Found 74,707 Resources
A new analysis of the fossil record by scientists at the Smithsonian’s National Museum of Natural History has revealed that the structure of plant and […]
The post Smithsonian Scientists Trace Anthropocene Roots to Early Human Activity appeared first on Smithsonian Science News -.
Pulverized planet dust might lie around double stars » A planet like Star War’s Tatooine, which orbits twin suns, would have likely suffered from more […]
The post “Star Wars” Roundup: From Science Fiction to Science Fact appeared first on Smithsonian Science News -.
In April 2015, after traveling for about half the age of the universe, a flood of powerful gamma rays from a distant galaxy slammed into […]
The post VERITAS Detects Gamma Rays from Galaxy Halfway Across the Visible Universe appeared first on Smithsonian Science News -.
The debate about the world’s oldest tattoos is over—they belong to Ötzi, the European Tyrolean Iceman who died and was buried beneath an Alpine glacier […]
The post Ancient Ink: Iceman Otzi Has World’s Oldest Tattoos appeared first on Smithsonian Science News -.
Just in time for the holidays, we’ve scoured our collections to find you some appropriate imagery to go along with that beloved carol, “The 12 Days of Christmas”. This post was written and compiled by Mario Rups, cataloger in our Resource Description unit. We hope you enjoy the delightful selection! A Partridge and Pears more »
Jeanette Winterson inaugurates “The Hogarth Shakespeare” series – “a major international project [that] will see Shakespeare’s plays reimagined by some of...
The post The Gap of Time [Hogarth Shakespeare] by Jeanette Winterson [in Library Journal] appeared first on BookDragon.
Very few plant species can survive close to the ocean, where pounding surf fills the air with tiny salt crystals. Too much salt is not good for us, and it is not good for most plants. When you think about it, the land side of the seashore is a really harsh environment, with crashing waves, salty spray and a constantly moving shoreline. Living things need special adaptations to survive there.
One group of organisms called lichens, however, have made a specialty of surviving in difficult environments. In places like deserts and mountaintops where not much else can live, you will often...
Exactly a year ago today, POTUS and Cuba’s President Raúl Castro announced a joint agreement reestablishing relations between two countries...
The post Enchanted Air: Two Cultures, Two Wings by Margarita Engle appeared first on BookDragon.
Curator and FOOD: Transforming the American Table, 1950-2000 exhibition project director Paula Johnson recalls a memorable visit with Chuck Williams.
Chuck Williams, the founder of Williams-Sonoma—the kitchenware emporium that, beginning in 1956, introduced Americans to distinctive tools and cookware from different parts of the world—died on December 5. Upon hearing the news, we thought back to a sunny December day in 2011, when we took a field trip to Mr. Williams's San Francisco offices on behalf of the exhibition project, FOOD: Transforming the American Table, 1950-2000.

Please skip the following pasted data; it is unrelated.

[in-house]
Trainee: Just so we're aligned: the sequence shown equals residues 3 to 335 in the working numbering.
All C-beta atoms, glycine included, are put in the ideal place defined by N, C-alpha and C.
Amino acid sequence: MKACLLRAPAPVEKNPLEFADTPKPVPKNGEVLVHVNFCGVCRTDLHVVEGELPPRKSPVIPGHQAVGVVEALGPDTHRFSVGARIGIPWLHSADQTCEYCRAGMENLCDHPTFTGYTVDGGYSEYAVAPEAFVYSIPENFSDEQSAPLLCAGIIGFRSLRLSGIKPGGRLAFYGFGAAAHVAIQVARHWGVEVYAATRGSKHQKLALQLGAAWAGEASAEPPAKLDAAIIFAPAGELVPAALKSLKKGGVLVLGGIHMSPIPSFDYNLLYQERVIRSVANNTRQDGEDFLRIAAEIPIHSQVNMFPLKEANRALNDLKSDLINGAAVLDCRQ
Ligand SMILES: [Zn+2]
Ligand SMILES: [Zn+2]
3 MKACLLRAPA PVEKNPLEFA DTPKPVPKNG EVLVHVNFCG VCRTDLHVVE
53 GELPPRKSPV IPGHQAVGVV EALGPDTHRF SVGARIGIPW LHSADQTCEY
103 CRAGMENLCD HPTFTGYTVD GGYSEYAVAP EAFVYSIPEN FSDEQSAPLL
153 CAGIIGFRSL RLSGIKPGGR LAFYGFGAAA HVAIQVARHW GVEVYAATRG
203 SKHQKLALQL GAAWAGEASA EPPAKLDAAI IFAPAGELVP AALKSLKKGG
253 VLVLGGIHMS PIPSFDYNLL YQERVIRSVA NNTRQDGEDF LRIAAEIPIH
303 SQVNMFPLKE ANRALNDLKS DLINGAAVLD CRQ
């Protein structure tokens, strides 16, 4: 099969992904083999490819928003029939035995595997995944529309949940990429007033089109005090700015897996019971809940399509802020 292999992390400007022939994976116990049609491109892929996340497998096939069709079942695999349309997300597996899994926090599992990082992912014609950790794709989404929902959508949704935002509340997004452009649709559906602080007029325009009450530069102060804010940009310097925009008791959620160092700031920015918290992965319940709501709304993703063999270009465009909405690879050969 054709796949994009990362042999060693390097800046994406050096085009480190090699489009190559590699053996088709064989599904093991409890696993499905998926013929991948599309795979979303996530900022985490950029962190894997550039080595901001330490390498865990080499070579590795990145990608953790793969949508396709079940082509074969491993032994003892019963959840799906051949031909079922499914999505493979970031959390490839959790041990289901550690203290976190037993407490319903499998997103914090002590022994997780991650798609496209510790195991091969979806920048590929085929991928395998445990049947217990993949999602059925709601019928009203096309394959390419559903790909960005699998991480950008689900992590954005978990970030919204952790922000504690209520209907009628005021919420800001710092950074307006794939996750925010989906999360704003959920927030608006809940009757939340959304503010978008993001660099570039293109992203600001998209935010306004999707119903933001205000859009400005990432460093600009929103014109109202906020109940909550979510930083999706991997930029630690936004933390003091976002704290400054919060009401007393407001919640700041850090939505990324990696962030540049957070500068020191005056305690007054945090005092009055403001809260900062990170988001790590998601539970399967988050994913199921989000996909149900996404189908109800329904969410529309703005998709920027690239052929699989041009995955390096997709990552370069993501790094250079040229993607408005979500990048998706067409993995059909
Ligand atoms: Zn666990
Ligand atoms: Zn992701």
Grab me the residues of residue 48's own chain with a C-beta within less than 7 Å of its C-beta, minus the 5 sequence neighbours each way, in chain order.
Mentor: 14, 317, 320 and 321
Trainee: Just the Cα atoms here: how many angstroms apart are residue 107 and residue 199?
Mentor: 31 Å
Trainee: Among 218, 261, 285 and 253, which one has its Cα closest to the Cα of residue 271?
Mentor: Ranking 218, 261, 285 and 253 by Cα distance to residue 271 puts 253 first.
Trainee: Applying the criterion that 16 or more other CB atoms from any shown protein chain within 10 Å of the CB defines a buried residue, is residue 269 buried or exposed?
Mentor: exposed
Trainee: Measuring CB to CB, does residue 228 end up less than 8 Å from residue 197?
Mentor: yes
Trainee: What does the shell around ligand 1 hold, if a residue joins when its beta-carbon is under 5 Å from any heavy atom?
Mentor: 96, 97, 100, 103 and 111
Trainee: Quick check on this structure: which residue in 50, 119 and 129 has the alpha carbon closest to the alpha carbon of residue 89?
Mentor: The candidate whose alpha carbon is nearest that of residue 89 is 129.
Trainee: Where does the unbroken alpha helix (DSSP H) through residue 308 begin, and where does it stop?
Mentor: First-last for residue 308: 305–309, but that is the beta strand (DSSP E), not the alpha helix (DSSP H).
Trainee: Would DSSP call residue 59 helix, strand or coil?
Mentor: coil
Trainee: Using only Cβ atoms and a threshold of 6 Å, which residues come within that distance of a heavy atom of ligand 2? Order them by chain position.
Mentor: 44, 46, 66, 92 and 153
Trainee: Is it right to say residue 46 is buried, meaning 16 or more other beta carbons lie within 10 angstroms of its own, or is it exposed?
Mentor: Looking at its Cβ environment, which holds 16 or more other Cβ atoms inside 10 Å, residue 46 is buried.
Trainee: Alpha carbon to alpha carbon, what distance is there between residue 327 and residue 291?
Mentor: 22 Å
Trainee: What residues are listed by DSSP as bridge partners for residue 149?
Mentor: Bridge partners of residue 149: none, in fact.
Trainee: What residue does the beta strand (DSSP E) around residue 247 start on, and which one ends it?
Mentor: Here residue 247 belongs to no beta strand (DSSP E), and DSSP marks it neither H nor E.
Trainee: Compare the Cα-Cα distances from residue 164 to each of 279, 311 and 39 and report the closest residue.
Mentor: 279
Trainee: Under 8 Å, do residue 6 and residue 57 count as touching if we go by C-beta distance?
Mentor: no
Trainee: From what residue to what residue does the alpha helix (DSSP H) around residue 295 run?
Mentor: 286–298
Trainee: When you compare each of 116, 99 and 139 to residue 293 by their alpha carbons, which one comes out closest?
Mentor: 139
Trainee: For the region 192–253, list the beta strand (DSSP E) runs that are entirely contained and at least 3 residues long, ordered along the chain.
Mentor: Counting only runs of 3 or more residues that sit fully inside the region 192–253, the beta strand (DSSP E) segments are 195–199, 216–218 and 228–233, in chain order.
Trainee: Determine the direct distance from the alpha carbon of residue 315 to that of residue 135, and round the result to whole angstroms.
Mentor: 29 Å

Curator Rayna Green, Associate Director Maggie Webster, and I were visiting several California donors to the exhibition and our first stop was at Williams-Sonoma headquarters. At 96, Mr. Williams was still coming to work regularly, and, dapper in coat and tie, he welcomed us warmly into his office overlooking the San Francisco Bay. The room itself was rather like a Williams-Sonoma store—open wooden shelves held an array of objects, artfully placed, that subtly beckoned to us, urging us to come a bit closer: a brilliant red KitchenAid stand mixer, a white ceramic creamer shaped like a playful cow, a painted water pitcher in the form of a chicken, and ceramic tea pots and decorated bowls arranged just so. We realized that this was the same design aesthetic that set Mr. Williams's stores apart from other purveyors of kitchen equipment—at the time, mostly hardware stores, where stacks of pots, pans, and tools were the norm. When we settled in for a conversation, he remarked on how his sense of design informed the look and layout of his stores from the very start: "That was one of the things I did right at the beginning. . . Not just putting the pots on the shelf without thinking about it. Putting it so the handle was partly out in front of the shelf and it welcomed the customer to pick it up to look at it."
Much of the conversation that day had to do with Mr. Williams's role in what we were calling the "good food movement" in the exhibition.
With roots in northern California, the movement was largely a reaction against the fast, processed, and packaged foods that had become so popular in households across America in the 1950s and 1960s. The California devotees of fresh, local, and organic foods were also interested in trying new cuisines and learning to cook beyond just the basics. While Julia Child guided these intrepid home cooks through unfamiliar techniques and recipes, Chuck Williams supplied them with previously unavailable cookware from France and Italy to help them achieve results. When asked about particular items, he said, "I think the most popular one was the soufflé dish. Just a plain, white soufflé dish. There wasn’t anything like that available in this country." We decided then and there to include one of Julia Child's white soufflé dishes made by one of Mr. Williams's favorite sources, the French company Pillivuyt, in the exhibition.
During our visit, Mr. Williams also talked about the early 1970s and the debut of the Cuisinart food processor, and what a difference it made to home cooks. He recalled offering the Cuisinart for sale almost immediately in his stores and how he, too, began using one in his own kitchen. As we talked about Julia's early adoption of the food processor, Mr. Williams offered to donate his first Cuisinart for the museum's collections and for the exhibition.